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Everything you need to know about Pacers-Thunder

A deep dive into the actual basketball stuff that will come along with Paul George’s second game back at BLF.

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NBA: Oklahoma City Thunder at Indiana Pacers Brian Spurlock-USA TODAY Sports

With Paul George set to make his second return to Indianapolis with the Thunder, we teamed up with the folks at Welcome To Loud City to preview Thursday’s game.

Topics touched on:

  • How are the Pacers staying competitive without Victor Oladipo?
  • The Paul George-Victor Oladipo/Domantas Sabonis trade 18 months later
  • All things Sabonis: Transition from makeshift stretch four into Sixth Man of the Year candidate, long-term fit with Myles Turner, and more
  • Wesley Matthews bringing a different dynamic to the starting lineup
  • What 2013-14 Paul George and 2018-19 Paul George do and don’t have in common, plus a sprinkling of 2013-14 Kevin Durant chatter
  • Getting defensive: Steven Adams blitzing versus Myles Turner dropping
  • Weighing the value Thaddeus Young adds tagging and releasing against assigning him to Paul George
  • Splish, splash: On the importance of Jerami Grant’s 3-point shooting sticking around for the postseason
  • Preferred playoff pairings

You can get the podcast on iTunes and Spotify by clicking the links, or listen below:

In addition to that conversation, here’s five basketball-related things to know about the match-up that also have nothing to do with prognosticating about booing (you’re welcome!).

Myles Turner needs to drop deeper

Steven Adams averaged 20 points and 12 rebounds against the Pacers last season, in part due to the aggressive nature of Myles Turner’s drops:

Coming out this high to force the ball out of Russell Westbrook’s hands left the defense vulnerable to the burly New Zealander’s patented flip shot off the roll or slip.

Westbrook is shooting 40 percent on pull-up twos and 25 percent on dribbling threes post All-Star break. Both marks are slight improvements over his woeful season averages but not so much where it wouldn’t be worth it to take a chance on him going off from mid-range extended in order to have Myles Turner hang back in position to protect the rim and defend two against one.

Hunt the corners, carefully

Add a few doses of length and chutzpah and the approach that the Pacers need to consider dialing back against the Westbrook-Adams tandem is strikingly similar to the nightly strategy employed by the Oklahoma City Thunder: Bring the screener’s man to the ball and pinch in toward the middle with swarming defenders.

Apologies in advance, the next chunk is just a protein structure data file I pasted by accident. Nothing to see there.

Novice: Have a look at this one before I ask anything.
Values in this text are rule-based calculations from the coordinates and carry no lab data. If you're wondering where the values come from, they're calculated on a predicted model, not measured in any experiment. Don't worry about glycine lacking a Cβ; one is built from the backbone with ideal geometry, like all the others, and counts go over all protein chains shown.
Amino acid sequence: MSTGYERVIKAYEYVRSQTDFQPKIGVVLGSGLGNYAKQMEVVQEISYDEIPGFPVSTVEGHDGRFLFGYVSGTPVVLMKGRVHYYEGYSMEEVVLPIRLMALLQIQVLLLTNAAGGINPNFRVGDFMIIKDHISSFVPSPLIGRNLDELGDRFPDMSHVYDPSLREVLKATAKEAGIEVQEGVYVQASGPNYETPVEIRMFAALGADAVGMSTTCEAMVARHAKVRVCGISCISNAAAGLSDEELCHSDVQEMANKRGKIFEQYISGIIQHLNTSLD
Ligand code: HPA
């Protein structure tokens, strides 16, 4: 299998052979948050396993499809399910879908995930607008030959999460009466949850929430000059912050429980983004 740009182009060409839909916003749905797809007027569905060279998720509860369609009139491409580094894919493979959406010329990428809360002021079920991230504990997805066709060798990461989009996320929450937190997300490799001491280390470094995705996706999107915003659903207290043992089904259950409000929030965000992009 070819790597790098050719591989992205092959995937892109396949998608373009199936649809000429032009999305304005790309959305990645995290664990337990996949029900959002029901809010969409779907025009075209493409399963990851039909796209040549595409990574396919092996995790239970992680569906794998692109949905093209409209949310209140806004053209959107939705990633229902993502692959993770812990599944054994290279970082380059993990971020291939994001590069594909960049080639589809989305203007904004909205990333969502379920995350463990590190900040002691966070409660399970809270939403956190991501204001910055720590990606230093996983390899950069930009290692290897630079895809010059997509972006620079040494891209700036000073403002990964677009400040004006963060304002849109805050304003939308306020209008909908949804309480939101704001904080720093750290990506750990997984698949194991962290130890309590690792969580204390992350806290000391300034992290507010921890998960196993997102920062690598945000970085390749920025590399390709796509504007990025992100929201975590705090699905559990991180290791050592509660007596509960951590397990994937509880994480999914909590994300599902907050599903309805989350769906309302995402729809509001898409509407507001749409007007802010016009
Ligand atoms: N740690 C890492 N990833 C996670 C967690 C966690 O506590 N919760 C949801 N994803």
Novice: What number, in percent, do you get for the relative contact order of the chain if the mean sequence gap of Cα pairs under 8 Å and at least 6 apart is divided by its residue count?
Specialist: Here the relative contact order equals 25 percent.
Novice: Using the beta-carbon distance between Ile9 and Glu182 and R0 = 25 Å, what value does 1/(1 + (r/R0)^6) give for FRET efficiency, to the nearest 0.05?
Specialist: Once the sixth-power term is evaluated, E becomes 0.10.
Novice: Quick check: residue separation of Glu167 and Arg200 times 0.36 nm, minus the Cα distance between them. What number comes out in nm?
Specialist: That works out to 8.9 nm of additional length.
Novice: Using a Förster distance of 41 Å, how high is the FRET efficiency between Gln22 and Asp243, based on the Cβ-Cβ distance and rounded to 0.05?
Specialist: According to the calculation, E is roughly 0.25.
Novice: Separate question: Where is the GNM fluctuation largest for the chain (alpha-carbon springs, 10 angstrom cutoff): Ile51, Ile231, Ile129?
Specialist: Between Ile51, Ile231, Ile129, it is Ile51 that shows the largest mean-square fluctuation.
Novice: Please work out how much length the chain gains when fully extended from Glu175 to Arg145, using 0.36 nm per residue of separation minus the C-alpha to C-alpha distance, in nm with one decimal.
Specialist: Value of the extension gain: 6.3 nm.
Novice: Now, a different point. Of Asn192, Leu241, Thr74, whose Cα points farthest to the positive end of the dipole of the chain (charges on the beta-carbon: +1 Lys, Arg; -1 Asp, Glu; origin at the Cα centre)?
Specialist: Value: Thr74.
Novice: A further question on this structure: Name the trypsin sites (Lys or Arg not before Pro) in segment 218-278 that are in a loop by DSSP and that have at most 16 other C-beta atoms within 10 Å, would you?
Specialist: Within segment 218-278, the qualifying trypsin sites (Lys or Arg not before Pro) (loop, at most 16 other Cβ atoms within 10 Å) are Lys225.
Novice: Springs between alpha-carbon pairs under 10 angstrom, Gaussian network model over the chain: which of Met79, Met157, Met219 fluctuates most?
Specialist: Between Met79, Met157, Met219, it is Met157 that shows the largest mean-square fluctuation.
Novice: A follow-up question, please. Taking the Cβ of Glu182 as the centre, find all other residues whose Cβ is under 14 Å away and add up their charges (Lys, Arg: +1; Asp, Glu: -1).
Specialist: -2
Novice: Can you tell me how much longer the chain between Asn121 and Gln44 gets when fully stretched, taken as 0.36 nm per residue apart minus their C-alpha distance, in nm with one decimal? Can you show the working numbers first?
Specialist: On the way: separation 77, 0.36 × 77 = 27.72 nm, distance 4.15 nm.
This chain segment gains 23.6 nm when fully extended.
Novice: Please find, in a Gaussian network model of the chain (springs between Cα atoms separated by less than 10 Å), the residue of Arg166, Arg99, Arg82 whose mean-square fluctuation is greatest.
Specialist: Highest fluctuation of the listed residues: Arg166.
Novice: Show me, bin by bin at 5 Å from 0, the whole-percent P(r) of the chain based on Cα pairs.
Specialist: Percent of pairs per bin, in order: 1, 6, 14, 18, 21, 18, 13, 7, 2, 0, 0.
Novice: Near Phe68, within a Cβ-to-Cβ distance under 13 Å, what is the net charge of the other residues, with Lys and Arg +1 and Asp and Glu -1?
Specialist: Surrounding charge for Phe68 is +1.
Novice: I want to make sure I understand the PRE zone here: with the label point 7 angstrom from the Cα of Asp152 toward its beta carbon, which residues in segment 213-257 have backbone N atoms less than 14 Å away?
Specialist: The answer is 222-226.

Granted, the skip pass is generally there for the taking when defenses load up one-pass away, but successfully whipping the ball in-between the sprawling arms of any two of Paul George, Jerami Grant, Terrance Ferguson, and Dennis Schroder is about as harrowing as managing to dive unfettered into Kraken-infested waters.

Although Darren Collison and Bojan Bogdanovic lead the league in corner 3-point percentage, the Thunder rank first in steals, first in deflections, and second in defensive loose balls recovered.

As such, the ratio of risk to reward essentially boils down to timing. The key is to make the overhead pass with the stunter’s man drifting to the corner once the screener has spread to three or darted to the rim, like so:

Once that window is gone, if the ball-handler isn’t adept at working the corners with off the dribble head fakes and hesitations (a skill which is in short-supply among Indiana’s guards), the team better come prepared with the stamina to get worn down and still make shots playing late into the shot-clock.

Per, no team has forced a higher percentage of opponent field goal attempts with 7 or fewer seconds left on the shot-clock than the Thunder, which notably is an area where the Pacers have already struggled since the start of March.

Watch out for corner single-double

Beware of when Paul George sets up in the corner with a stagger to his left and Steven Adams on the opposite block. Unpredictability makes this floppy variation one of OKC’s niftiest actions.

If George’s man leans into him to force him to use the screens, and if the big stays high to protect against the curl, the six-time All-Star attacks off the dribble. If his defender anticipates the stagger, George flips his expectations against him and scurries across the lane. If his man tries to shoot the gap on the opposite side, George uses a cross screen from Adams to spot-up from the corner. If the defender locks and trails, he curls, pivots, fades to three, and then makes a play for the Kiwi to roll to the basket.

It’s a nightmare of permutations!

Oh, and when the defense keys in even a little bit too much on George, Westbrook is there to take advantage of the opportunity to glide to the rim.

George is only shooting 34 percent from the field and 25 percent from three over his last seven games, but chasing him through mazes of picks is exhausting regardless of outcome. With Bojan Bogdanovic already tasked with attempting to generate offense against the Defensive Player of the Year candidate on the other end of the floor, look for Thaddeus Young to draw the assignment against his old teammate.

Exploit the fatigue factor

This will be the Thunder’s third game in four days and the second of a back-to-back set after facing the Nets tonight in a nationally televised game.

In order to avoid getting bogged down in the half-court while taking advantage of potentially tired legs, the Pacers need to push the pace as much as possible before taking off for their four-game west coast road trip this weekend.

As usual, their best offense will be their defense.